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ANALYSIS - Iraqi PM Maliki weakened ahead of national vote

BAGHDAD (Reuters) - Prime Minister Nuri al-Maliki came out of local polls last year as Iraq’s dominant leader, but a string of bombings and alliances among rivals have weakened him ahead of a March national vote.

Residents walk past an election poster promoting Nada al-Sudani (R) and PM Nuri al-Maliki's State of Law coalition, in Baghdad February 12, 2010. Al-Maliki came out of local polls last year as Iraq's dominant leader, but a string of bombings and alliances among rivals have weakened him ahead of a March national vote. REUTERS/Thaier al-Sudani

A Shi’ite sentenced to death under Saddam Hussein, Maliki is likely aware of his dented popularity as he has reverted to proven vote-winning methods, like stirring up Shi’ite fears of a return of Saddam’s Baath party, to win the ballot, analysts say.

Oil firms holding freshly signed deals to tap Iraq’s vast reserves, and the U.S. military set to withdraw in 2011, hope for some form of political continuity after the March 7 parliamentary election, but Maliki’s former allies want change.

Some voters who supported his State of Law coalition in the local election last January also seem to have second thoughts.

“I will definitely not give my vote to a government that cannot provide security. Every day they take us back to square one by not stopping the merciless killing of Iraqis,” said Qassim Abdullah, a student, in the Shi’ite holy city of Kerbala.

Maliki was picked as prime minister in 2006 as a compromise between feuding factions, who thought he could be manipulated.

In the past two years, however, he has emerged as a strong leader credited with reducing the sectarian violence that wracked Iraq after the 2003 U.S. invasion. With a nationalist, non-sectarian message and a law-and-order campaign platform, his State of Law coalition swept the Shi’ite south last January.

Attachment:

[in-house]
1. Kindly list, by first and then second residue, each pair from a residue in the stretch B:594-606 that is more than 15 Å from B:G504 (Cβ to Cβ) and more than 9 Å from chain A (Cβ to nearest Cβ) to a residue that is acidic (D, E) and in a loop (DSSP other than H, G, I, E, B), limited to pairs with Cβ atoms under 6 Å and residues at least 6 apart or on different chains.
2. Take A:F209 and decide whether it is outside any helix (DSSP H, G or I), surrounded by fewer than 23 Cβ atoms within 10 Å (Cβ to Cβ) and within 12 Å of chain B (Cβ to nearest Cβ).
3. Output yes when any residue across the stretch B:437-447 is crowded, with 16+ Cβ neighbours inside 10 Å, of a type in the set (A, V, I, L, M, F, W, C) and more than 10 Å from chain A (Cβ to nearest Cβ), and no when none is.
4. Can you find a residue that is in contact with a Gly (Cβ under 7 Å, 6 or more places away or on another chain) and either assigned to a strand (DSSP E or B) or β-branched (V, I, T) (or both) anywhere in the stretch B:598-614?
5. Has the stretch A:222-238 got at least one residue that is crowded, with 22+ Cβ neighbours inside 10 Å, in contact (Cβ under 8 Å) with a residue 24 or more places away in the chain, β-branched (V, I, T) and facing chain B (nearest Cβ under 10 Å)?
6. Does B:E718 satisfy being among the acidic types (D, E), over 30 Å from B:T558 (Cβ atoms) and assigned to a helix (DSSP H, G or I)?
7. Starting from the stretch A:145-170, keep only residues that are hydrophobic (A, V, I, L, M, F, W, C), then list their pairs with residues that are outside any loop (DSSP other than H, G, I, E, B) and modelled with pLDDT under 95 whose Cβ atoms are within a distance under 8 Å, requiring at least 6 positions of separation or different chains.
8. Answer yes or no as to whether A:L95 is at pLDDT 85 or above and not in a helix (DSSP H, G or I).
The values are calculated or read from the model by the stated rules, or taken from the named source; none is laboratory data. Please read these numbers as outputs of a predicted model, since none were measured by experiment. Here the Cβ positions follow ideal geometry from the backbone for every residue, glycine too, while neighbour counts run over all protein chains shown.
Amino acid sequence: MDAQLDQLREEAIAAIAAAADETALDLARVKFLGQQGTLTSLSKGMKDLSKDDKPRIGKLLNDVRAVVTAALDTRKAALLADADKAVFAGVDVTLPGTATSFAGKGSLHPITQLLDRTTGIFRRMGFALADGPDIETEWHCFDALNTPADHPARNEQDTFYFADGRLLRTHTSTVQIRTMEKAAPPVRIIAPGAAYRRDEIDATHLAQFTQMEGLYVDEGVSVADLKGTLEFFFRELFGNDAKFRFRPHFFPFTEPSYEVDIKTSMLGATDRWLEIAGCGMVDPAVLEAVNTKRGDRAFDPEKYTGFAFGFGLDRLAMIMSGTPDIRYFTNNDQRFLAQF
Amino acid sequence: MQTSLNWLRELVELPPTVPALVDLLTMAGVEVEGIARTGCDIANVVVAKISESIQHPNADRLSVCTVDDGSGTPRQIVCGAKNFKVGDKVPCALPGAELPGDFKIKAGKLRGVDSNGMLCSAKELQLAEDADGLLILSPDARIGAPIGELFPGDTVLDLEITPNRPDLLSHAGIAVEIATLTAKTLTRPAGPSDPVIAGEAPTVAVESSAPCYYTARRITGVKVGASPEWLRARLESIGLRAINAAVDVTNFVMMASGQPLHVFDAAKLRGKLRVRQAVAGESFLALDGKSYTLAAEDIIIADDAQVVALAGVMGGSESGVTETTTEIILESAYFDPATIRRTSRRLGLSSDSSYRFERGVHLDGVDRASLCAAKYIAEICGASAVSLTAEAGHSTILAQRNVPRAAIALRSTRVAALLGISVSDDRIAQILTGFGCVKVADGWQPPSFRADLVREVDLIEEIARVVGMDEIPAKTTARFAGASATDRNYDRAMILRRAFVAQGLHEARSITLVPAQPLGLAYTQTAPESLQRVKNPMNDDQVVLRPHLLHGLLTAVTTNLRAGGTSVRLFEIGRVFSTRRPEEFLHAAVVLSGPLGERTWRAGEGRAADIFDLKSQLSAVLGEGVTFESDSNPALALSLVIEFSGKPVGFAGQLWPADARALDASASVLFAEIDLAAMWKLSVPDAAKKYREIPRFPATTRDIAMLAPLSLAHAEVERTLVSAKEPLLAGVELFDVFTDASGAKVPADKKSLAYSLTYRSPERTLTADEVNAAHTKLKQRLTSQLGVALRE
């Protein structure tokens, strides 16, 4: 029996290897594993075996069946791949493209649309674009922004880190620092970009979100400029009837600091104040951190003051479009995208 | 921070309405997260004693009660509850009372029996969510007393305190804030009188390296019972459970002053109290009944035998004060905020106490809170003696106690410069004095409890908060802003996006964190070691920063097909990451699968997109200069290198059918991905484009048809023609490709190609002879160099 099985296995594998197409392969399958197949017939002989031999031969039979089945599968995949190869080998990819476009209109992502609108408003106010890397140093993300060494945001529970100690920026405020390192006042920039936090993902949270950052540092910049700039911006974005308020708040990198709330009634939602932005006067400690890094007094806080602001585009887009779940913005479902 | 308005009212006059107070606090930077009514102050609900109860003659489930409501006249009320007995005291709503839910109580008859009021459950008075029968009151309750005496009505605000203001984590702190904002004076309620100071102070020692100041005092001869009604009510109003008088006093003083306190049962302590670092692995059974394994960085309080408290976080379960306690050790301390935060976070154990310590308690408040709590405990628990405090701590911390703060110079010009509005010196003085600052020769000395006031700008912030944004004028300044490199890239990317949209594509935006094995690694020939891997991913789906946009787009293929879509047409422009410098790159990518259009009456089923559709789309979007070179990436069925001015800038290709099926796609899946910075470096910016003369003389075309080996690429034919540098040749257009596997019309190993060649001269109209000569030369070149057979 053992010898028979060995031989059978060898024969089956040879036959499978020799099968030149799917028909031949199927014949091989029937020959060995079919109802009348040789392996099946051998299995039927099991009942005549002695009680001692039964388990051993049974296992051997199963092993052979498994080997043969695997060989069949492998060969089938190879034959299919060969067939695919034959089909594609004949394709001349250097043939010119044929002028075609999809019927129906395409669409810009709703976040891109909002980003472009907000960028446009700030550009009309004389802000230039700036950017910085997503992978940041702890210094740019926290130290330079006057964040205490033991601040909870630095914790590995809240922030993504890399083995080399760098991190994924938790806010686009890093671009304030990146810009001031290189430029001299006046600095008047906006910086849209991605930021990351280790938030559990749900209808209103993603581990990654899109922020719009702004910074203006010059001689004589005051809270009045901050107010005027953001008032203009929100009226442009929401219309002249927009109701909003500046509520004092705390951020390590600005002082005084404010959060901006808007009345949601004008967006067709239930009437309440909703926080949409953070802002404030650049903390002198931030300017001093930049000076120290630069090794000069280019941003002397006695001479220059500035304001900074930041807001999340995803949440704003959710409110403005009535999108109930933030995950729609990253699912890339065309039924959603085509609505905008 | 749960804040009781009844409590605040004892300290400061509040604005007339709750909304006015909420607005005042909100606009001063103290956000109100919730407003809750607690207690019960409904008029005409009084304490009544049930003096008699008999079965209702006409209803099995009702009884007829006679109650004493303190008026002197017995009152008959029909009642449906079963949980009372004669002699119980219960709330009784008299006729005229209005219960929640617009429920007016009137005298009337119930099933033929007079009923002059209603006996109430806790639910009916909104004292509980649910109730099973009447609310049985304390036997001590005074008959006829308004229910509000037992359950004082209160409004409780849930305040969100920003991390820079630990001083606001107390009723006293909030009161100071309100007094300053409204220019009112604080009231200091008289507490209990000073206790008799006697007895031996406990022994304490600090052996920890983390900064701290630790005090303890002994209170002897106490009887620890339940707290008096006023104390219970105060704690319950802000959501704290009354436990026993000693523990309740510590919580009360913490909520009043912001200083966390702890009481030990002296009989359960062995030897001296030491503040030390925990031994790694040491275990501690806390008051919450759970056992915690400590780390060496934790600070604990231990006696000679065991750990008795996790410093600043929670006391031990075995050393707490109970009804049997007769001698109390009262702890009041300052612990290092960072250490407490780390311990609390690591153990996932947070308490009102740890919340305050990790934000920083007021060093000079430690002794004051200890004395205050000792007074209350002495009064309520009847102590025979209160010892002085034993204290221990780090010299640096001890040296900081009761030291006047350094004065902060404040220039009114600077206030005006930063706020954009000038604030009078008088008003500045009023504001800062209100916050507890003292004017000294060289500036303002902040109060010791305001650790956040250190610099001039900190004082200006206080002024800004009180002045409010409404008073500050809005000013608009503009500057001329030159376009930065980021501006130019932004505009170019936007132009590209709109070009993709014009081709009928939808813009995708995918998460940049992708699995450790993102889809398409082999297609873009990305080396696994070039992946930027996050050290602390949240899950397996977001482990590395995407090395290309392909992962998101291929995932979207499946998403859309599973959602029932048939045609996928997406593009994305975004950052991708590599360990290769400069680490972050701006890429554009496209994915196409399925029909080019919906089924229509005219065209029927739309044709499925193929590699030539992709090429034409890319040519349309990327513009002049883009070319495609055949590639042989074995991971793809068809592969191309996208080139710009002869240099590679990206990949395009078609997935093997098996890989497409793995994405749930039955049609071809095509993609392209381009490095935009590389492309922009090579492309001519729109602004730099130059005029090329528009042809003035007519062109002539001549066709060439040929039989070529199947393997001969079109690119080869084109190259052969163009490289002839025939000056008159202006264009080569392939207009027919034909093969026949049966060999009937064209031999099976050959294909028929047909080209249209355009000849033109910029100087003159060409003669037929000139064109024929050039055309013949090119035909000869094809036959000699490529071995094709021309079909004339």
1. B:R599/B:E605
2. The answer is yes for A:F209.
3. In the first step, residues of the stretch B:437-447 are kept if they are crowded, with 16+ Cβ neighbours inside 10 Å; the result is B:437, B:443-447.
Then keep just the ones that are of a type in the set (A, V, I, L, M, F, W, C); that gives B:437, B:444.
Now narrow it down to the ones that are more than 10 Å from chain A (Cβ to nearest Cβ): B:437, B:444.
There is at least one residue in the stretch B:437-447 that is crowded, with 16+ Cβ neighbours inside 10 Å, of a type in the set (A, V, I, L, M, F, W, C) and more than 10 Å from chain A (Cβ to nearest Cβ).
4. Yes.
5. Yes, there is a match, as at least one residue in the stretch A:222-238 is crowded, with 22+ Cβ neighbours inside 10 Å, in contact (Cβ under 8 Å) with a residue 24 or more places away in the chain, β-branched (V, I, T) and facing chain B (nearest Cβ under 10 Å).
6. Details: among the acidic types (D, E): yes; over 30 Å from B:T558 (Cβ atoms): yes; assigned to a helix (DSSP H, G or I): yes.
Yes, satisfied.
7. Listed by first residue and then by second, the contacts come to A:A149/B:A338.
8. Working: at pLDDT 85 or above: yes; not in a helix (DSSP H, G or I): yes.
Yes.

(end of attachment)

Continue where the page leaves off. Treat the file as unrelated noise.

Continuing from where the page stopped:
Since then, huge, coordinated suicide bombings have rocked Baghdad, killing hundreds at heavily guarded sites, and shaking confidence in the security forces and Maliki.


Maliki blames the attacks on Saddam’s outlawed Baath party, and on Sunni Islamist insurgents like al Qaeda.

As the rumble of bombs rolled repeatedly across Baghdad, Maliki’s rhetoric seeking credit for improved security receded, while anti-Baathist rhetoric escalated.

He has thrown his weight behind a Shi’ite-controlled body that banned scores of poll candidates for alleged Baathist ties. His Dawa party has also led calls for a purge of suspected Baathists from the public service.

The Baath party brutally oppressed Kurds and Shi’ites, Iraq’s majority Muslim sect, but Iraq’s once dominant Sunnis and cross-sectarian groups see both the candidate ban and calls for a purge as a witch hunt, and a return to sect-based politics.

“I thought Maliki’s provincial election campaign message was that he could move away from that to rallying voters with a message of nationalism, law-and-order and a strong state,” said analyst Toby Dodge of Queen Mary College, University of London.

“It seems to me that he’s lost his nerve, partly because the law-and-order campaign has proved to be much more difficult than he thought.”

Maliki still holds some powerful cards.

He is not seen as corrupt, has huge brand recognition in a sea of largely unknown candidates, is able to draw on an established and experienced campaign network, and also on state resources, such as Iraqiya television.

Yet he has also turned powerful allies into opponents.

The Supreme Islamic Iraqi Council (ISCI), a major Shi’ite party, and followers of cleric Moqtada al-Sadr once supported Maliki in parliament’s largest Shi’ite bloc, but analysts say they have become alarmed at his growing assertiveness.

ISCI and the Sadrists, who were enemies in the past, have banded together to form an election alliance while Maliki is running alone at the head of his own coalition.

“They are held together by a common desire to do away with Maliki above all. They have little common ground beyond that. He’s succeeded in aligning the major Shi’ite players against him,” said International Crisis Group analyst Peter Harling.

Many Iraqis say they are tired of sectarian politics after tens of thousands of deaths during the years of violence between Sunnis and Shi’ites. They are also tired of poor services under the Islamist leaders who have dominated Iraq since the invasion.

By turning his back on non-sectarian nationalism, Maliki may lose the broad appeal that saw him do well in the local polls.

“Back then, he managed to handle the security file in a non-sectarian way and that impressed many Iraqis,” said analyst Reidar Visser of

“He has not managed to handle the de-Baathification issue in that kind of national spirit. Instead he has fallen back to the old Shi’ite Islamist hardliner rhetoric.”

Additional reporting by Muhanad Mohammed, Editing by Michael Christie and Samia Nakhoul